Israel: Netanyahu anticipates ties to other Arab states
A ‘warm peace’ based on economy, investment
Israeli Prime Minister Benjamin Netanyahu said on Sept. 1 that the diplomatic normalization agreement with the UAE will “be a warm peace, because it is based on economic cooperation with an entrepreneurial economy similar to ours, with very great economic abilities and considerable funds that is also looking for investment horizons.”
Israel and the United Arab Emirates have already set up a committee to collaborate on financial services and investments and are discussing establishing embassies.
The arrival of US and Israeli delegations to the UAE on a direct flight from Israel was a powerful start to the new relationship. According to the Aug. 31 US-UAE-Israel joint statement, Emirati and Israeli officials are discussing cooperation in “investment, finance, health, the civilian space program, civil aviation, foreign policy and diplomatic affairs, tourism and culture.”
'More than you think’
Netanyahu sees the breakthrough with the UAE as just a start. “I have met with very, very many leaders in the Arab and Islamic worlds, many more than you think,” he said. “But this is a peace that will facilitate direct and unmediated meetings between citizens of Israel and the populations of those states.”
Last week US Secretary of State Mike Pompeo visited Sudan, Oman, Bahrain and the UAE to line up others to follow the UAE’s lead, and White House senior adviser Jared Kushner is in the region this week.
Mazal Mualem writes that Mossad director Yossi Cohen is “the uncontested architect of the regional peace initiative,” adding that Netanyahu “consults with him on a regular basis and relies on him to get things done” and may even consider Cohen as one of two possible successors.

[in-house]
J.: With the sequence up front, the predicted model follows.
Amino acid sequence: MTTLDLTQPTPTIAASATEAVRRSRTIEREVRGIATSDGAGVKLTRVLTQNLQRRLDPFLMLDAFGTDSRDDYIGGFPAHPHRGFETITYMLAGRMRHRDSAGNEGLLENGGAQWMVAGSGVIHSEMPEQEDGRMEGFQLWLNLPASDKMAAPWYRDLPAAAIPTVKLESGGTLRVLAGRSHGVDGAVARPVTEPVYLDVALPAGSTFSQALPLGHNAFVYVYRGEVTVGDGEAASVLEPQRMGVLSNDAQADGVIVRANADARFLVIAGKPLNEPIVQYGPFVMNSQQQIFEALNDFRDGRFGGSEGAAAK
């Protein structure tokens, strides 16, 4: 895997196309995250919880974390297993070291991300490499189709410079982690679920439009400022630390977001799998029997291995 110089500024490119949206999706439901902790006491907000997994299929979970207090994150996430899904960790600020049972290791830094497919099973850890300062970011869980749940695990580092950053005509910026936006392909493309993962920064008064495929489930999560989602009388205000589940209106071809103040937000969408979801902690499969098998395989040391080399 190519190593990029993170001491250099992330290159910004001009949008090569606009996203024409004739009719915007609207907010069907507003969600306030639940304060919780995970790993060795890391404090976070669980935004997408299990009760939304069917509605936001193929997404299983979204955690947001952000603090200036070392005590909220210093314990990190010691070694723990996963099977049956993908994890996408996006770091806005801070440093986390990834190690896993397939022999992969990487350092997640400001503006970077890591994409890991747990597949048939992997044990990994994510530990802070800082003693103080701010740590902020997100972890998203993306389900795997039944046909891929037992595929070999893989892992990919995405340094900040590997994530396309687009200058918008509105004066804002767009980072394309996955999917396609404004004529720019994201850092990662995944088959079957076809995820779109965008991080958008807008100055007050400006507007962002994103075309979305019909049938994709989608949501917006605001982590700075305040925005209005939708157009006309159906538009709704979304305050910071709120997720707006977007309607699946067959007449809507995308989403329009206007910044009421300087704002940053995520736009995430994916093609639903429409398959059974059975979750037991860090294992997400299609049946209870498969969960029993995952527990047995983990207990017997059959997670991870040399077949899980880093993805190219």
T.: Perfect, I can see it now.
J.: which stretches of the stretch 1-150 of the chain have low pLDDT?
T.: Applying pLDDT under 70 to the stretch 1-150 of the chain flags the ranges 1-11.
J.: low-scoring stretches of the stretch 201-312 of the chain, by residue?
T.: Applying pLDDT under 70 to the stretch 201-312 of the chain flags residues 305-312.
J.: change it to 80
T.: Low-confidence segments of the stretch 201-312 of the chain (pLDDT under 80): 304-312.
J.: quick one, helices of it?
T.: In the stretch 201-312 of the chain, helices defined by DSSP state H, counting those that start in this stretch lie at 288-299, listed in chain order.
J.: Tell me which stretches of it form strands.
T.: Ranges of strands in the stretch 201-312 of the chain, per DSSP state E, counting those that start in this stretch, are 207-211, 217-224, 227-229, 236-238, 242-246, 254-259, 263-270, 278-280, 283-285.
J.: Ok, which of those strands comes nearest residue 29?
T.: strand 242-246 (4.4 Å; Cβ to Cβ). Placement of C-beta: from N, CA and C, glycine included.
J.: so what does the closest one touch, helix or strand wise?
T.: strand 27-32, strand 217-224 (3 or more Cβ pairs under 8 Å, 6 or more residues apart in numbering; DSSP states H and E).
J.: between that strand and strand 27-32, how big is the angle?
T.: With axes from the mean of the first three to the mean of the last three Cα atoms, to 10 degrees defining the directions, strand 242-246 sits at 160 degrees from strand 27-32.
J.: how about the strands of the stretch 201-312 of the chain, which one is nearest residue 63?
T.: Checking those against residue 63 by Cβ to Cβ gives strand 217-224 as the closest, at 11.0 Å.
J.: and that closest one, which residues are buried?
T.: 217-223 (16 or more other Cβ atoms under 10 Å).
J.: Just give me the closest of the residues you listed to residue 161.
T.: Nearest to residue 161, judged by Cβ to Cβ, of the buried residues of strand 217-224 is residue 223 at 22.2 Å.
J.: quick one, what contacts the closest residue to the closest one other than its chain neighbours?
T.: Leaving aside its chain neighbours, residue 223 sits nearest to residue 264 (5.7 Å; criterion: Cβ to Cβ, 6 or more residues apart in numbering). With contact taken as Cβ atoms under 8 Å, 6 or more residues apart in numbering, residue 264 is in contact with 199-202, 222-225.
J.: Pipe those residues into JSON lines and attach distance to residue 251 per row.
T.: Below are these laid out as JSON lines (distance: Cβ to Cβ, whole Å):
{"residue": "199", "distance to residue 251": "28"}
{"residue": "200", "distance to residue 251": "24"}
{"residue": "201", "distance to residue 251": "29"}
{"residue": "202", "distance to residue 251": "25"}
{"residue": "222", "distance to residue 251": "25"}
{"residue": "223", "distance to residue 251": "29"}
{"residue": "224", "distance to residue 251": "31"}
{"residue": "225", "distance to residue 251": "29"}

“Netanyahu has been saying behind closed doors that there are two people he considers fit to lead the State of Israel: Yossi Cohen and Israeli Ambassador to Washington Ron Dermer,” writes Mualem.
Better late than …
Ben Caspit has the scoop here on an Israeli regional peace project initiated by Israeli opposition leader Isaac Herzog four years ago that included quiet back channel talks with the United States, Egypt, the UAE and the Palestinians. But it all collapsed when Netanyahu and Herzog could not reach agreement on unity between their parties.
Read more: Mazal Mualem’s article details how the UAE agreement has stabilized Israel’s fragile unity government for now and listen here to my podcast interview with Dermer last week.
UAE: Israel peace deal ‘strategic necessity’ not at expense of Palestinians
The UAE has made clear that the peace deal with Israel is a ‘strategic necessity’ linked to peace in the region — and absolutely not a selling-out of the Palestinians.
Addressing the UAE’s Palestinian community, UAE Foreign Minister Abdullah bin Zayed said on Sept.1 that the "UAE’s stance will remain supportive of the Arab stand calling for establishing an independent Palestinian state with east Jerusalem as its capital. We will continue to support the Palestinian cause based on our historic stance that stems from a deeply rooted, unshakable belief that will never change as a result of any considerations. … The UAE sees peace-building as a strategic necessity for the region. However, this strategic necessity will not come at the expense of our support for the Palestinian cause and the rights of our fraternal Palestinian people."
Our take: The bet here is that the UAE, in line with its regional posture, will remain active in promoting Israel-Palestinian talks based on the 2002 Arab Peace Initiative, which calls for a Palestinian state. The Emirates has been clear from the start that normalization came about only because Netanyahu agreed to hold off on annexation of Jewish settlements in the West Bank. Bin Zayed’s statement is just the latest reaffirmation of the UAE’s commitment to negotiations toward a two-state solution — see the Israeli digital media platform ynet’s column last month by UAE Ambassador to the United States Yousef Al-Otaiba. A strong position backing the Palestinians is vital for Arab support for the UAE’s courageous step. By the way, the UAE line on Palestinian statehood is the same one taken by both Egypt and Jordan in their peace agreements with Israel.